Both Queensland and the Commonwealth have laws which specifically target the proceeds of crime - the Criminal Proceeds Confiscation Act 2002 (Qld) and the Proceeds of Crime Act 2002 (Cth). Gilshenan & Luton are one of the few firms in Queensland who regularly conduct this type of specialised work.
Proceeds of crime legislation empowers State and Commonwealth authorities to bring applications in court to both restrain and forfeit property suspected of being the proceeds of a crime. No criminal conviction is necessary before such orders can be made. Indeed, those the subject of these orders are often not charged at all.
The law in this area is very powerful and often imposes a “reverse onus of proof” upon the accused or respondent to the application. This means that, unlike most criminal cases where the prosecution bears the onus of proof in establishing the charge, in proceeds of crime matters, the accused / respondent to the application must prove that the property sought to be restrained or forfeited is not tainted by crime.
Proceeds of crime applications can have devastating consequences: bank accounts can be frozen, cars and other assets of value can be seized, and homes can be sold. Furthermore, unlike most areas of criminal law, strict time limits are imposed on persons seeking to contest a proceeds application. Failure to comply with these time limits can result in the automatic forfeiture of the property to the government.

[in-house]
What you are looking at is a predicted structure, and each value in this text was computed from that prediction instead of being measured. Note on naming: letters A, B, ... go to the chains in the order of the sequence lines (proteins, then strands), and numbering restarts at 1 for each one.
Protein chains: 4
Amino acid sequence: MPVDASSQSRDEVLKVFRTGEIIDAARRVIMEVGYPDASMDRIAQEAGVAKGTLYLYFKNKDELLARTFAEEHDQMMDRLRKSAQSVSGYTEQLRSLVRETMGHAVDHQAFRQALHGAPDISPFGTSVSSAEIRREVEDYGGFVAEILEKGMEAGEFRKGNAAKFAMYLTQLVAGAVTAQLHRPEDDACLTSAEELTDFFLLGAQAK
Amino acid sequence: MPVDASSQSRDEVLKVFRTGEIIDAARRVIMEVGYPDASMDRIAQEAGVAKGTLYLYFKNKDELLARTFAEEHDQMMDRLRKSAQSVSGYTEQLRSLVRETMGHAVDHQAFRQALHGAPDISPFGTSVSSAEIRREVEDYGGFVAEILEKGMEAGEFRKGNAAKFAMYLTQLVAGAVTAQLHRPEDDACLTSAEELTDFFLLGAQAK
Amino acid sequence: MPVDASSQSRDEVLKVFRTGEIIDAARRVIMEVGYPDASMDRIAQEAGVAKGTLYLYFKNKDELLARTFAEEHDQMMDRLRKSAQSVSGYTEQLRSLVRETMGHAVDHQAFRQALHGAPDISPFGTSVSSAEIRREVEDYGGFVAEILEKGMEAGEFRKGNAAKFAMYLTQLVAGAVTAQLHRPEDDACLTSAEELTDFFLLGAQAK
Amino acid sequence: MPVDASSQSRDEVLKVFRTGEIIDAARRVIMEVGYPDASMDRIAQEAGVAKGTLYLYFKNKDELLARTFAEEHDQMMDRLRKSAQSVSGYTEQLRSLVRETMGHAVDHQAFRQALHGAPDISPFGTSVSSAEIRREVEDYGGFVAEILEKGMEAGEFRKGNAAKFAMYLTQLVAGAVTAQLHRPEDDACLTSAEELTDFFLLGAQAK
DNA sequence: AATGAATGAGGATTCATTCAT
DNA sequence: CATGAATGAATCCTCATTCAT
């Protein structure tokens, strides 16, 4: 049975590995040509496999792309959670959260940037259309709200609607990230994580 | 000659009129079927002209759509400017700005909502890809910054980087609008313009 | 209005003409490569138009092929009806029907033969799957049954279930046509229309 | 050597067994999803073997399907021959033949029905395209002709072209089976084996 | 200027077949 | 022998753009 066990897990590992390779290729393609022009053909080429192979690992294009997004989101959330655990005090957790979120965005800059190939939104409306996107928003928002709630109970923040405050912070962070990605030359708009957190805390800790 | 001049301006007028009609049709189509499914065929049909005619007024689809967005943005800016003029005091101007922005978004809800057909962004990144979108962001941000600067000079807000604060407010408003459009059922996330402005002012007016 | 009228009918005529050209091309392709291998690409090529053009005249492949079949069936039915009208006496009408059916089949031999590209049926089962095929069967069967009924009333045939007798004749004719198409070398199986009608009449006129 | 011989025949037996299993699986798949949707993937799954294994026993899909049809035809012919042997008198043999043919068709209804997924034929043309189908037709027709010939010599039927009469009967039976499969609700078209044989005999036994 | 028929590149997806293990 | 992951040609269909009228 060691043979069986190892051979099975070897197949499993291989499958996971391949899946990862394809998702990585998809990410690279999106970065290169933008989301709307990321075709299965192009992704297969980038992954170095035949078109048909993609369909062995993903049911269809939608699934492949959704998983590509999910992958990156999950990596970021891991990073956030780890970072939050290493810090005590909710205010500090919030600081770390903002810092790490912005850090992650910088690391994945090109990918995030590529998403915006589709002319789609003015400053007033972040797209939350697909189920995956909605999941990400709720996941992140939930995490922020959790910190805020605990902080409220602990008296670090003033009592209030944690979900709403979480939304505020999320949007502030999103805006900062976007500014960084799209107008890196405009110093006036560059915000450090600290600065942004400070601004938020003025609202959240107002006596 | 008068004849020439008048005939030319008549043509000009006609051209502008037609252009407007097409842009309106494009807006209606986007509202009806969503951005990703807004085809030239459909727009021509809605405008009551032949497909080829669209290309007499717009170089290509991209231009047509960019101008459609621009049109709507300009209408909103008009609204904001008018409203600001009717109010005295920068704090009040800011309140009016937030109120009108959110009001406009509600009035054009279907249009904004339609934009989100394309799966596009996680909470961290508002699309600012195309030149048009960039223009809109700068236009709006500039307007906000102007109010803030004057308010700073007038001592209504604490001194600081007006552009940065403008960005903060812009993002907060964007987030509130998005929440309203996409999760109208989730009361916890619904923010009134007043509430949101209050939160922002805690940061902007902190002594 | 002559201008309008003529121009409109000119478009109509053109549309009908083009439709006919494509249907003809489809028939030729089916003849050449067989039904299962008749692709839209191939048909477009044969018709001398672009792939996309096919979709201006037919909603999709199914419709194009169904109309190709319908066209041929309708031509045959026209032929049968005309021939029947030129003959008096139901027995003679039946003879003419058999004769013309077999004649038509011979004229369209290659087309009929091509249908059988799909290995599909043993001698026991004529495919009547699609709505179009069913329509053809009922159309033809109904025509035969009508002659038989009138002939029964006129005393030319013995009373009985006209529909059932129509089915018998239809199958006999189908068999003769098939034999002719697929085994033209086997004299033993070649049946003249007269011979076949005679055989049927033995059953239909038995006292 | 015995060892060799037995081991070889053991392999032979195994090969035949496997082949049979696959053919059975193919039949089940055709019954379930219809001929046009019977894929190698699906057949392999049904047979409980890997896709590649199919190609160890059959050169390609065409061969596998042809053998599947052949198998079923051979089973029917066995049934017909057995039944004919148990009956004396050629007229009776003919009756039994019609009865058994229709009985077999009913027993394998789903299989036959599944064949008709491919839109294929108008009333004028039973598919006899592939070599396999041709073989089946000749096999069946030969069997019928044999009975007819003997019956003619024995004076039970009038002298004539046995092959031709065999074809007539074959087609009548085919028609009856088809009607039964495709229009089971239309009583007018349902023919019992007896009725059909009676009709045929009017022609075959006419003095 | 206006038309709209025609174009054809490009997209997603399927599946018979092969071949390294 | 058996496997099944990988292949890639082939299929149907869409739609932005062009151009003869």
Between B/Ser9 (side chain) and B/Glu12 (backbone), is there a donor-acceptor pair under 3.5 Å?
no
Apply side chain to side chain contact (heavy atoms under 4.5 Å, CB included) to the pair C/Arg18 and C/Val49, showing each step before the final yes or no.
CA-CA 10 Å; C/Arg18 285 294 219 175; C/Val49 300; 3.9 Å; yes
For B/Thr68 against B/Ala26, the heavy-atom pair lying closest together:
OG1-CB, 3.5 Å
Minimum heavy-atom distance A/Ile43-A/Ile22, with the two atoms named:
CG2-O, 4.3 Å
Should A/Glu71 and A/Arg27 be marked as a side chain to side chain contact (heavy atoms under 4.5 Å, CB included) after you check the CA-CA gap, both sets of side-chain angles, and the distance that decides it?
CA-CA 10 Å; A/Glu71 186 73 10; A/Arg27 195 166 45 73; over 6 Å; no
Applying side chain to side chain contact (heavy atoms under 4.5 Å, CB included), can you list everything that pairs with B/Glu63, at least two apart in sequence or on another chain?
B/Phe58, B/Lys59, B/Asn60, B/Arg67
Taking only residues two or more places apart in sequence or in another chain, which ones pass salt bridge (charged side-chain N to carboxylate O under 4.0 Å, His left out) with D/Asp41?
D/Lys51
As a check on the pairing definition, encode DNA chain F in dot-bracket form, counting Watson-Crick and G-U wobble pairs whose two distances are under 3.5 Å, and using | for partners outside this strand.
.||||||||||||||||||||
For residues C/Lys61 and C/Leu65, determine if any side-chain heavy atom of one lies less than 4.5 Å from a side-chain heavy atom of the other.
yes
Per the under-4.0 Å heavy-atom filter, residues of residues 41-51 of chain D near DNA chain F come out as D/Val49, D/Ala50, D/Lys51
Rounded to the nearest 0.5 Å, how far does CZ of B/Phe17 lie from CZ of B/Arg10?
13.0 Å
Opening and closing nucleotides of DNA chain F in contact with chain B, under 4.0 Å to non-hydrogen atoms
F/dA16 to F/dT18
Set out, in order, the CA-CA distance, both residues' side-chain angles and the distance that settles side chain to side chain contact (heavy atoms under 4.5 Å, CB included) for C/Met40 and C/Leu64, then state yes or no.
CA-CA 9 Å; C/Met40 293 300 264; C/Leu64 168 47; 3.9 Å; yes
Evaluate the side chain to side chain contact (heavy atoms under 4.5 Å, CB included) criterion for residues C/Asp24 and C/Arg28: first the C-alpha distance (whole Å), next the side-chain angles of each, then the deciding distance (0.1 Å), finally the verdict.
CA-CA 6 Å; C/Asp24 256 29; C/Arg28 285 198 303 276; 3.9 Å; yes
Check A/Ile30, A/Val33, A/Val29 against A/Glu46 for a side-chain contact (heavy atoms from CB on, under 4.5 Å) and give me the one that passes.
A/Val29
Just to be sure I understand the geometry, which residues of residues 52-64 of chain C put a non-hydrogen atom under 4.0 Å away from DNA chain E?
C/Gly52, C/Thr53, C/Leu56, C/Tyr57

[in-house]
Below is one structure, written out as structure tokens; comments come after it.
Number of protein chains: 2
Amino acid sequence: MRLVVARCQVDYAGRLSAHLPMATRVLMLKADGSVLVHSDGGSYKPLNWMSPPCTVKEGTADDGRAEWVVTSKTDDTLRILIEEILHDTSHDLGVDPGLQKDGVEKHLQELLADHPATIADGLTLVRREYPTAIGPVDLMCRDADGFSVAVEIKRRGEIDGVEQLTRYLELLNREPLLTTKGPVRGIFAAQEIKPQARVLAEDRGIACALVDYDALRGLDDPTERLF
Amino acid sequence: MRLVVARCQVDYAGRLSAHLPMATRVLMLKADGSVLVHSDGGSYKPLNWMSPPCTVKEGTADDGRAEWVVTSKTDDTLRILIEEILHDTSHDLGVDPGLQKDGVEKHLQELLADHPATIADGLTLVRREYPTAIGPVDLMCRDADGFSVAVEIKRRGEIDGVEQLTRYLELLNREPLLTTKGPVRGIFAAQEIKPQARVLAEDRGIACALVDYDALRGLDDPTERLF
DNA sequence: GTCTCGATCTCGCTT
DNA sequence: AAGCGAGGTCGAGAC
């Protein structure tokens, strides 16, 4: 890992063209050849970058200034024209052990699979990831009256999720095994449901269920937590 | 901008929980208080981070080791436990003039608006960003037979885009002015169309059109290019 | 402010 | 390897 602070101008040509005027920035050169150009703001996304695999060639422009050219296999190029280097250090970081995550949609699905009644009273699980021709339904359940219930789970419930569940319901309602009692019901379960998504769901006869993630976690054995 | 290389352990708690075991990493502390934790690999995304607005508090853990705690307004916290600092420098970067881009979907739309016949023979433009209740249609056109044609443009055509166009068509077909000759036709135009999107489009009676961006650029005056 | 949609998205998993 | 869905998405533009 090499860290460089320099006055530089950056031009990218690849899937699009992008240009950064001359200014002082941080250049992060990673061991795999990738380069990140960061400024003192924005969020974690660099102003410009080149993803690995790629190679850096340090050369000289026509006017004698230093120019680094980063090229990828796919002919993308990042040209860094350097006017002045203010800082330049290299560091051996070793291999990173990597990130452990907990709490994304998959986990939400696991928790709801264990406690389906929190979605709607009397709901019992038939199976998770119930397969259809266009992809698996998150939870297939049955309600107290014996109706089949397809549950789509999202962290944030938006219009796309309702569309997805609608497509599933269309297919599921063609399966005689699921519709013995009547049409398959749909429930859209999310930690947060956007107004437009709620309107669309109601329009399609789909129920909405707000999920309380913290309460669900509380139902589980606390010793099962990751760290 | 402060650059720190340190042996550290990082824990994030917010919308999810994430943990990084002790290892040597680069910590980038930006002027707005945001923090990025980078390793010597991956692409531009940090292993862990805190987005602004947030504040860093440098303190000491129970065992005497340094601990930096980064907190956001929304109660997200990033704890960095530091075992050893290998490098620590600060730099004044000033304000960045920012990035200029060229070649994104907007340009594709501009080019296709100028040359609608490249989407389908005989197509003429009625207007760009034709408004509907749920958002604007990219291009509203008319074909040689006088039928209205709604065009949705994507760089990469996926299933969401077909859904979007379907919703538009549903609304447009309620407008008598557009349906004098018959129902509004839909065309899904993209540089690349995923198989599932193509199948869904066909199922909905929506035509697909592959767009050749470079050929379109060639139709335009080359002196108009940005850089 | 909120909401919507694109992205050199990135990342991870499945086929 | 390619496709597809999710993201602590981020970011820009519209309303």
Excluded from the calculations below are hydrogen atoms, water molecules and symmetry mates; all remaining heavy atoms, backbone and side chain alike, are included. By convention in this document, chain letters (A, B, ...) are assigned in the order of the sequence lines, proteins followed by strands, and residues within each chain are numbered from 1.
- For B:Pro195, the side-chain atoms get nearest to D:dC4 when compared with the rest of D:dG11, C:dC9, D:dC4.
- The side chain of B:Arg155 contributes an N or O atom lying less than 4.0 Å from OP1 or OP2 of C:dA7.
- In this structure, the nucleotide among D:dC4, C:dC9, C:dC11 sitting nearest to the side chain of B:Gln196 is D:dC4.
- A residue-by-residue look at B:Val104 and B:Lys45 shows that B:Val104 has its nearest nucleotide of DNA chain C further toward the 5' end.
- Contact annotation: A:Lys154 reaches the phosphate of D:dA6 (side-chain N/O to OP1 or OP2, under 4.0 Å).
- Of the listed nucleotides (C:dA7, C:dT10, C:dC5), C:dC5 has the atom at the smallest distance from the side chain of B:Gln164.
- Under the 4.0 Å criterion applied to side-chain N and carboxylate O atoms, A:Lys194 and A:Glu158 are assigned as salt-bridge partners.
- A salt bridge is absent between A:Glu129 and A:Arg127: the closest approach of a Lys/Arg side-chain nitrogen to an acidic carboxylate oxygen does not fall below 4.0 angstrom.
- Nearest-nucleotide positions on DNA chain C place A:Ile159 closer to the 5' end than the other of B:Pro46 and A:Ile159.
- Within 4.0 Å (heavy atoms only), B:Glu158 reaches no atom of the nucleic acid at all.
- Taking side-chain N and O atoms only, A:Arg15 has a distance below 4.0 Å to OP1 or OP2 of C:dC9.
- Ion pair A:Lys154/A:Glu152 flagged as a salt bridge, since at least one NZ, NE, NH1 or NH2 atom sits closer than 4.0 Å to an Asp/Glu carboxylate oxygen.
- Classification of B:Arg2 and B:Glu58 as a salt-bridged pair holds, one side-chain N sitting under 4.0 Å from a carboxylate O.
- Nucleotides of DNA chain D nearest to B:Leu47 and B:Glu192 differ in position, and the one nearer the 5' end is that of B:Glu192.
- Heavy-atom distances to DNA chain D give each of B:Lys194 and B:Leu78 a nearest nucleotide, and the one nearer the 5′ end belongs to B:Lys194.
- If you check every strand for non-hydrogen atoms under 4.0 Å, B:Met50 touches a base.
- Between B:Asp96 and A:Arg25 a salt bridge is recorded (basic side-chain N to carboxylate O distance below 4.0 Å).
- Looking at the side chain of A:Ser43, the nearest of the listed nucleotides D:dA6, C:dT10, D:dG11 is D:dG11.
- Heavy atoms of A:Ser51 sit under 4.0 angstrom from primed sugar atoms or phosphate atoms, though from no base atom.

Like fraud or other white collar crime cases, it is often the case that external experts such as forensic accountants need to be engaged to examine the financial transactions in question and provide a report in support of your defence. This is particularly so in confiscation matters because of the reverse onus of proof.
The Court can make the following types of orders:
The Court can also issue ‘examination orders’, whereby a person is forced to give evidence on oath about their finances and asset position.
As a separate but related consideration, there is both Queensland and Commonwealth legislation which creates offences for engaging in ‘money laundering’.
Put very briefly, any transaction with ‘tainted’ money (for example, receiving the financial proceeds of crime from another person), or that is intended to conceal or disguise the true source of funds, may amount to money laundering.
The maximum penalties are severe – up to 25 years imprisonment for Commonwealth offences, and 20 years for state offences. In defending such charges, the alleged defendant’s level of knowledge as to the source of the funds is often critical, and once again external expert reports may be necessary.